"I was worried about their decision -- what they wanted to do," Molina said. "I've been in this business a long time, and I've seen many, many things happen. It was just worrying about their decision -- not about what I was capable of doing."
On Wednesday, Molina was officially handed the backup catching responsibilities behind starting catcher John Buck. Raul Chavez -- Molina's competition for the job -- was reassigned to Minor League camp and will open this season with Triple-A Las Vegas. Blue Jays manager Cito Gaston said the decision to keep Molina in the fold boiled down to the catchers' contractual situations in the end.
The Jays wanted to maintain solid depth behind the plate, and keeping Molina on as the backup was the best way to do that. Molina was signed to a non-guaranteed Major League contract shortly before camp opened, earning him a place on the 40-man roster. Chavez was in camp on a Minor League deal. Had Toronto opted to hand the backup role to Chavez, the team likely would have lost Molina.
"If Molina leaves, he's not going to go to the Minor Leagues," Gaston said. "He probably could go somewhere else. Chavez, he's got a chance to go play in the Minor Leagues for us, and if something happens, we have him as a backup. If he would've went out there and really tore the cover off the ball, then that would have certainly made a difference with him.
"Since he didn't do that, and Molina played a little bit better than he did, that's the way things went down."
It's similar to the scenario that the 37-year-old Chavez ran into a year ago with the Jays. Chavez outperformed Michael Barrett during Spring Training, but Barrett broke camp with the Jays and Chavez -- signed to a Minor League deal then, too -- headed to Triple-A. Barrett was later lost to injury and Chavez appeared in 52 games for Toronto.
To begin this season, Chavez will serve as the backup to top catching prospect J.P. Arencibia with Las Vegas. The Jays believe Arencibia is close to being ready for the big leagues, but the team does not want to encounter a situation where it is forced to promote the young backstop out of necessity. Toronto wants Arencibia to continue with his development before joining the Jays in a regular role.
"We want this kid to go down there and have a great year," Gaston said. "We want him to get up here as soon as he can. We all know he can hit a bit, but we want him to go down and certainly work on his catching, too -- game calling, defense. Chavez is going to be down there, but the kid is going to play."
There is always the chance that Arencibia could join the Blue Jays at some point this season. Until then, though, Toronto's relatively young pitching staff has a pair of veteran catchers in Buck and Molina, who could both be eligible for free agency next winter. As Toronto enters an important transitional phase, the club wants to emphasize development in as many ways as it can.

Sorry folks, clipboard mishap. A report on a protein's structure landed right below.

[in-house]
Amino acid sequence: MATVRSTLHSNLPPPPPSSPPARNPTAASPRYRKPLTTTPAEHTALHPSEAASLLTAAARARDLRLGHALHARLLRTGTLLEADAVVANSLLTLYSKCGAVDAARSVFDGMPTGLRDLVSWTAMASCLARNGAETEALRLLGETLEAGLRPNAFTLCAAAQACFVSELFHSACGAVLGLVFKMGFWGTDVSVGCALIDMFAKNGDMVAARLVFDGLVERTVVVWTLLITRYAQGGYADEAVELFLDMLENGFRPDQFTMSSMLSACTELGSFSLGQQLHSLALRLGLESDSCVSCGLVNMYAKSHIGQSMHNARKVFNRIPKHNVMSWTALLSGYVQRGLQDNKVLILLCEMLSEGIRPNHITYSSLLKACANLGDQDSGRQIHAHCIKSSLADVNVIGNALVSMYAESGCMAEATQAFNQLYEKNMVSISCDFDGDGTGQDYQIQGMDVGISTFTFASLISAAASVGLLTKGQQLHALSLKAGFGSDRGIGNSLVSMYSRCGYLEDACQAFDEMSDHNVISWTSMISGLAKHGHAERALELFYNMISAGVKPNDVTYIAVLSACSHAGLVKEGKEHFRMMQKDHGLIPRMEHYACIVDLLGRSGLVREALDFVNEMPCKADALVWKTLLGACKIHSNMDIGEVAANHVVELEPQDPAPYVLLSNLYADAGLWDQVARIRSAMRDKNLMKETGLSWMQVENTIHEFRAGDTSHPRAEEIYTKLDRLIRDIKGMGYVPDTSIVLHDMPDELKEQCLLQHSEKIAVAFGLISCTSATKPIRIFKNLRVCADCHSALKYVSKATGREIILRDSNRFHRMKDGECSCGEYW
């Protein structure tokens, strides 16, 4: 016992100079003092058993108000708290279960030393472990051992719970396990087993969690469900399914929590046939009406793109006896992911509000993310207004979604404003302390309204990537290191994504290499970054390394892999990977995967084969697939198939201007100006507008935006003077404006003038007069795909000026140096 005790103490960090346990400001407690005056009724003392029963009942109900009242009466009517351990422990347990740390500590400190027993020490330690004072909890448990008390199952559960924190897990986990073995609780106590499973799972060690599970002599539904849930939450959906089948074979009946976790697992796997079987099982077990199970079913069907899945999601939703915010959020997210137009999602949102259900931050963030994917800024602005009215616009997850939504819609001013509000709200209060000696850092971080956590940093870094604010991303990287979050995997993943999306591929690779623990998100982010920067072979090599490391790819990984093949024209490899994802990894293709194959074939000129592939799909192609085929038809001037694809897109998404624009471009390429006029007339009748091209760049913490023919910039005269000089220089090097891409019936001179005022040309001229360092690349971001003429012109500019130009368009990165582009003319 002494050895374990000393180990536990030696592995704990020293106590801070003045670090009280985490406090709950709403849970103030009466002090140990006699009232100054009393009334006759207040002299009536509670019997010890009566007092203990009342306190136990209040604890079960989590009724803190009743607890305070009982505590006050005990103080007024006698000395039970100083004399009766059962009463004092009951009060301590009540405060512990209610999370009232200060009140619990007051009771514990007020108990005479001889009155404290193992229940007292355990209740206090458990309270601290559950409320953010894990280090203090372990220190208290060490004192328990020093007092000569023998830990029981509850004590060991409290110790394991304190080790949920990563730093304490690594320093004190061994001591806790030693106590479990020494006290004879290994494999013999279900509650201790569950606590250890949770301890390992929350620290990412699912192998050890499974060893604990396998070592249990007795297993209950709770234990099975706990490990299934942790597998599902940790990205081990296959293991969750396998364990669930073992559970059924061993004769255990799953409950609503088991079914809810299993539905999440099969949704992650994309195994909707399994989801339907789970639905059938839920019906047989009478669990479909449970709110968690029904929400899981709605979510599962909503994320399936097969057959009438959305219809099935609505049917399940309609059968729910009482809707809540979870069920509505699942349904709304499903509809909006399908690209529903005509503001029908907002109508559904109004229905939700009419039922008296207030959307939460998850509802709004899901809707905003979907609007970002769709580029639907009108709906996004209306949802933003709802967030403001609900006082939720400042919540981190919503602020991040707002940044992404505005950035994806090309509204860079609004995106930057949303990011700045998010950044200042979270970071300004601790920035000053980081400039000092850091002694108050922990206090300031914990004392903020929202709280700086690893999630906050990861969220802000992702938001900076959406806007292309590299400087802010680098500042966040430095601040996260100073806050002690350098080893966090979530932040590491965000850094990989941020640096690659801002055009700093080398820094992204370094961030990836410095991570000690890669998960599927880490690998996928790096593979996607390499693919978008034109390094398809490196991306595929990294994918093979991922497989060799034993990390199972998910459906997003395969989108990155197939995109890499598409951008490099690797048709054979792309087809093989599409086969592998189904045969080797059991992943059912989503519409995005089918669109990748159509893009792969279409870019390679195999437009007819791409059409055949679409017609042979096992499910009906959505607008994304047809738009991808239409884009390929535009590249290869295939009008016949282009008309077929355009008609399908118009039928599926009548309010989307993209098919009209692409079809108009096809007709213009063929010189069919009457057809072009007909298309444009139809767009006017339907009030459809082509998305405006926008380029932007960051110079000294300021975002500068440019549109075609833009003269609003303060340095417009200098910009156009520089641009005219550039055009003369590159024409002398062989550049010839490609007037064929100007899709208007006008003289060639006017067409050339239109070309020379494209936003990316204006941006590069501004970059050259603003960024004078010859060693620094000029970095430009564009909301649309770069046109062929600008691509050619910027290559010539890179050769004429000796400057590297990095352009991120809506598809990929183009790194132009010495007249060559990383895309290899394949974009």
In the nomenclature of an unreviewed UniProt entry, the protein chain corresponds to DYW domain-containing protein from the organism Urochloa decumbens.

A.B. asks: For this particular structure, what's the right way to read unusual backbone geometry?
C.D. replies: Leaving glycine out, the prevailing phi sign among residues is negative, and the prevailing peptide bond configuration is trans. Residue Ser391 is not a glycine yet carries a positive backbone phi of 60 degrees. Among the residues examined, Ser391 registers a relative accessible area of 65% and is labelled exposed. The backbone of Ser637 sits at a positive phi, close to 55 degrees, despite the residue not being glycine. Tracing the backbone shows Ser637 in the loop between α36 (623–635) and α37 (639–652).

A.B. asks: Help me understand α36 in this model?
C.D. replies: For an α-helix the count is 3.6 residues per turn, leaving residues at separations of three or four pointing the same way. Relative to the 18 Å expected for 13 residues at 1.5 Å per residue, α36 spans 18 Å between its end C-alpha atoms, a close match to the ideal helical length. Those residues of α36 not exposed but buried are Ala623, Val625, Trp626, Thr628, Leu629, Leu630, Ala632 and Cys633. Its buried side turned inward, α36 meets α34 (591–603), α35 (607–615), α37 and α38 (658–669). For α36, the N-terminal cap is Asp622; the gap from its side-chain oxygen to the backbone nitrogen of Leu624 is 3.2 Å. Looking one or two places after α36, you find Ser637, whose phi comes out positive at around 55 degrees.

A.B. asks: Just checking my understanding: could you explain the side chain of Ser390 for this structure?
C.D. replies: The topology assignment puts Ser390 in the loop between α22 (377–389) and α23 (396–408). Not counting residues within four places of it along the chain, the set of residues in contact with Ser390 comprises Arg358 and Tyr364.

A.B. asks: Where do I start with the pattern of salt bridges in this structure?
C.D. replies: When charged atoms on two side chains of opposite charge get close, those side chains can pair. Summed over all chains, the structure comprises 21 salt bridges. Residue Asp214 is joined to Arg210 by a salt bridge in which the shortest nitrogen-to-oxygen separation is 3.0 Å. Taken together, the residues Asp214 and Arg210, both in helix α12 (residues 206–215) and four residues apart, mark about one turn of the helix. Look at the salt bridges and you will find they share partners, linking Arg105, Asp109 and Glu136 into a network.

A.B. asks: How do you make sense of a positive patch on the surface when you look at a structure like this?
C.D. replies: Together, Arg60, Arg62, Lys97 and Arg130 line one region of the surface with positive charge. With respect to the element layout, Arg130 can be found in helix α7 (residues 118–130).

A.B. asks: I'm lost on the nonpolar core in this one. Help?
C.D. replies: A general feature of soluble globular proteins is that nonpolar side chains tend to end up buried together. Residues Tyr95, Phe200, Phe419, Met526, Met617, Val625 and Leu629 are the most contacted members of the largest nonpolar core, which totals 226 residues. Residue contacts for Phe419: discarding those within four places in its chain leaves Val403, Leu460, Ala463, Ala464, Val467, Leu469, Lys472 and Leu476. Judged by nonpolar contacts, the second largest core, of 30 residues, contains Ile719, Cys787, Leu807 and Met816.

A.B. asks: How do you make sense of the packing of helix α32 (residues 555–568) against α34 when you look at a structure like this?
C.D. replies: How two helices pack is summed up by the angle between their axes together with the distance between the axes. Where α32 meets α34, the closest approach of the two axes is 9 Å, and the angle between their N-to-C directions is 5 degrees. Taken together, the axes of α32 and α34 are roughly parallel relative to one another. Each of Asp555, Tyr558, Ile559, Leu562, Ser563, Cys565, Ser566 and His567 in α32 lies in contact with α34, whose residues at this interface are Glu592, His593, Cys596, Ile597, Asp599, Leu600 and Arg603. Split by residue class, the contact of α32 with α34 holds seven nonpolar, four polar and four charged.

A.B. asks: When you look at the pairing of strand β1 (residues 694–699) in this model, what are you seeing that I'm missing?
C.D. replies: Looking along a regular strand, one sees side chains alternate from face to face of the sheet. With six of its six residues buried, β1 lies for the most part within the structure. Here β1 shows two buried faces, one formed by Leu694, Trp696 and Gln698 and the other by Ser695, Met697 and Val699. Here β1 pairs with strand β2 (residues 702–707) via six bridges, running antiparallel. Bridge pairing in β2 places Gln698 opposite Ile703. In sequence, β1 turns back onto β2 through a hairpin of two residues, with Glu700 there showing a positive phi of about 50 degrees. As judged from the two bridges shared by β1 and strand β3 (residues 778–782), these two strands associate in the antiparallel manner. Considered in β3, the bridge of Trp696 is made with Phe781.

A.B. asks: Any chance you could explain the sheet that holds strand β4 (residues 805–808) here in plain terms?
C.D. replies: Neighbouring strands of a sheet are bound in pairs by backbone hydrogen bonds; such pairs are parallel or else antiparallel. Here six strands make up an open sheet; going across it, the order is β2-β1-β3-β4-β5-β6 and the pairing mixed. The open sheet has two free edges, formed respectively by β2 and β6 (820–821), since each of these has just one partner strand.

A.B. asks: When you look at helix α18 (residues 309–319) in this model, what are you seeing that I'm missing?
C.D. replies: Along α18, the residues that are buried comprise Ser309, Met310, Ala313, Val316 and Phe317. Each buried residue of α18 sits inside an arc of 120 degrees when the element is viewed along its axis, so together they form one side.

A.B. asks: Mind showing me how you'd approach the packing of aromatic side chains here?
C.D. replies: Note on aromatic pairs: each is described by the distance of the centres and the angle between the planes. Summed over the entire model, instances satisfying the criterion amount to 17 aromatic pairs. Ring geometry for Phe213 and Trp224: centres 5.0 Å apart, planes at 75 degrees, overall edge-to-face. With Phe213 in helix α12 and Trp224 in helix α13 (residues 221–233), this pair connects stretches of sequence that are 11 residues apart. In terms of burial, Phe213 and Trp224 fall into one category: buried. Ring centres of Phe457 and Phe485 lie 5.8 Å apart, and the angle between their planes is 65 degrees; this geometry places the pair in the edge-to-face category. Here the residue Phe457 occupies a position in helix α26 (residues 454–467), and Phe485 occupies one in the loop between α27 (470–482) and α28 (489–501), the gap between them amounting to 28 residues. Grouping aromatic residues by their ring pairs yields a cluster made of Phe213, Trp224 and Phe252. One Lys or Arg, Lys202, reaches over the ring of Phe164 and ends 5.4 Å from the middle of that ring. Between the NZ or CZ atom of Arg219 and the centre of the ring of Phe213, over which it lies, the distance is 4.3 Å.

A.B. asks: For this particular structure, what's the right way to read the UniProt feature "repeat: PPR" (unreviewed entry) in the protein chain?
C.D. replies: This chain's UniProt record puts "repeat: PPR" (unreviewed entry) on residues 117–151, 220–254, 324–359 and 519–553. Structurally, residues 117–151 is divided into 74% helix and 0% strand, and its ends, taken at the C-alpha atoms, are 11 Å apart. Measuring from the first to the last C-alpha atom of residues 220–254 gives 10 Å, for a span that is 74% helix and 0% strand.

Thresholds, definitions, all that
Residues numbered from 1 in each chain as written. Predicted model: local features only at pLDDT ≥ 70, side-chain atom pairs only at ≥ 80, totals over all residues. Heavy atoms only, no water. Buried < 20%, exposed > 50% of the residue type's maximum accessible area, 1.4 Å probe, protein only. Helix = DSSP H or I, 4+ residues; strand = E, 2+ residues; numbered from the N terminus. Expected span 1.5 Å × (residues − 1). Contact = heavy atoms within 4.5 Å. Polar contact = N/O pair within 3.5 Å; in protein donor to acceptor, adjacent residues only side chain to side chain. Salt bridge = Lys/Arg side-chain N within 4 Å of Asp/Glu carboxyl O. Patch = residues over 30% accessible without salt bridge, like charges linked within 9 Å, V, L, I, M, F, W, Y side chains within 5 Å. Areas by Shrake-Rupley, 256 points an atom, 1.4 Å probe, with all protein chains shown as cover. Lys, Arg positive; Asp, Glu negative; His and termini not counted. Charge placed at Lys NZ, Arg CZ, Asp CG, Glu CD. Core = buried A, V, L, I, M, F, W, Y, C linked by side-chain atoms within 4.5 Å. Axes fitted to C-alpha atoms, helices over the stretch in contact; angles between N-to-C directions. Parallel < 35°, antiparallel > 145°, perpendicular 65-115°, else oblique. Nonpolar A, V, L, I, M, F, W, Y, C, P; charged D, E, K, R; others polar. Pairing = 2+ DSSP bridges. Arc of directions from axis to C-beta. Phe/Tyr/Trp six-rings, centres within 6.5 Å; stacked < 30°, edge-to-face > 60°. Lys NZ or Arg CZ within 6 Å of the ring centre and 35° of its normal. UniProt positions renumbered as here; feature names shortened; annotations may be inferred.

Molina takes pride in being a part of that.
"This was just a chance to help a young staff know how to win," Molina said, "to teach them the right way to pitch, teach them how to be successful on this level. I think I've done that for my past 10 years. To me, I would say I took it as a challenge for me. It's something that I was expecting to see, and I'm seeing it right now -- I know why I chose here. There are good pitchers here and good talent here."
Molina, 34, spent parts of the past three seasons with the Yankees, and was the preferred catcher of A.J. Burnett during the Yankees' run to the World Series last season. Prior to playing with the Yanks, Molina suited up for the Angels for parts of seven years, winning a World Series with them in 2002.
In his decade behind the plate in the big leagues, Molina has become known for his game calling and defensive skills more than anything else. As Molina has made his way through the Jays' arms this spring, learning their tendencies and routines, the pitchers have come to appreciate working with the veteran catcher.
"It's awesome when you've got that caliber of catcher," lefty Ricky Romero said. "He's been to the World Series and been successful. You hear that pitchers like throwing to him, and it's a good feeling to have a guy like that, especially for us young guys. He's been around the league for a while. He knows hitters, probably better than most of the pitchers that we have on the staff now."
The Jays also have an experienced veteran in Chavez, and that is why Molina was not sure he was a lock to make the Opening Day roster.
"It's just a relief to know," Molina said. "I'm thankful it went my way. Not taking anything away from Raul. He's a great guy and a great catcher, too. I think he played well here last year -- very well, from what I hear. But it's their decision, it's not mine. It's probably one of the toughest decisions that we all wanted to hear, or didn't want to hear.
"But it had to come to this. From the first day, I said it: 'I'm here to help the team win games and help the young staff to develop.' I will do that. When you're competing, there's always a doubt in your mind of what they're going to do, but not a doubt in my mind what I can do."
Jordan Bastian is a reporter for MLB.com. This story was not subject to the approval of Major League Baseball or its clubs.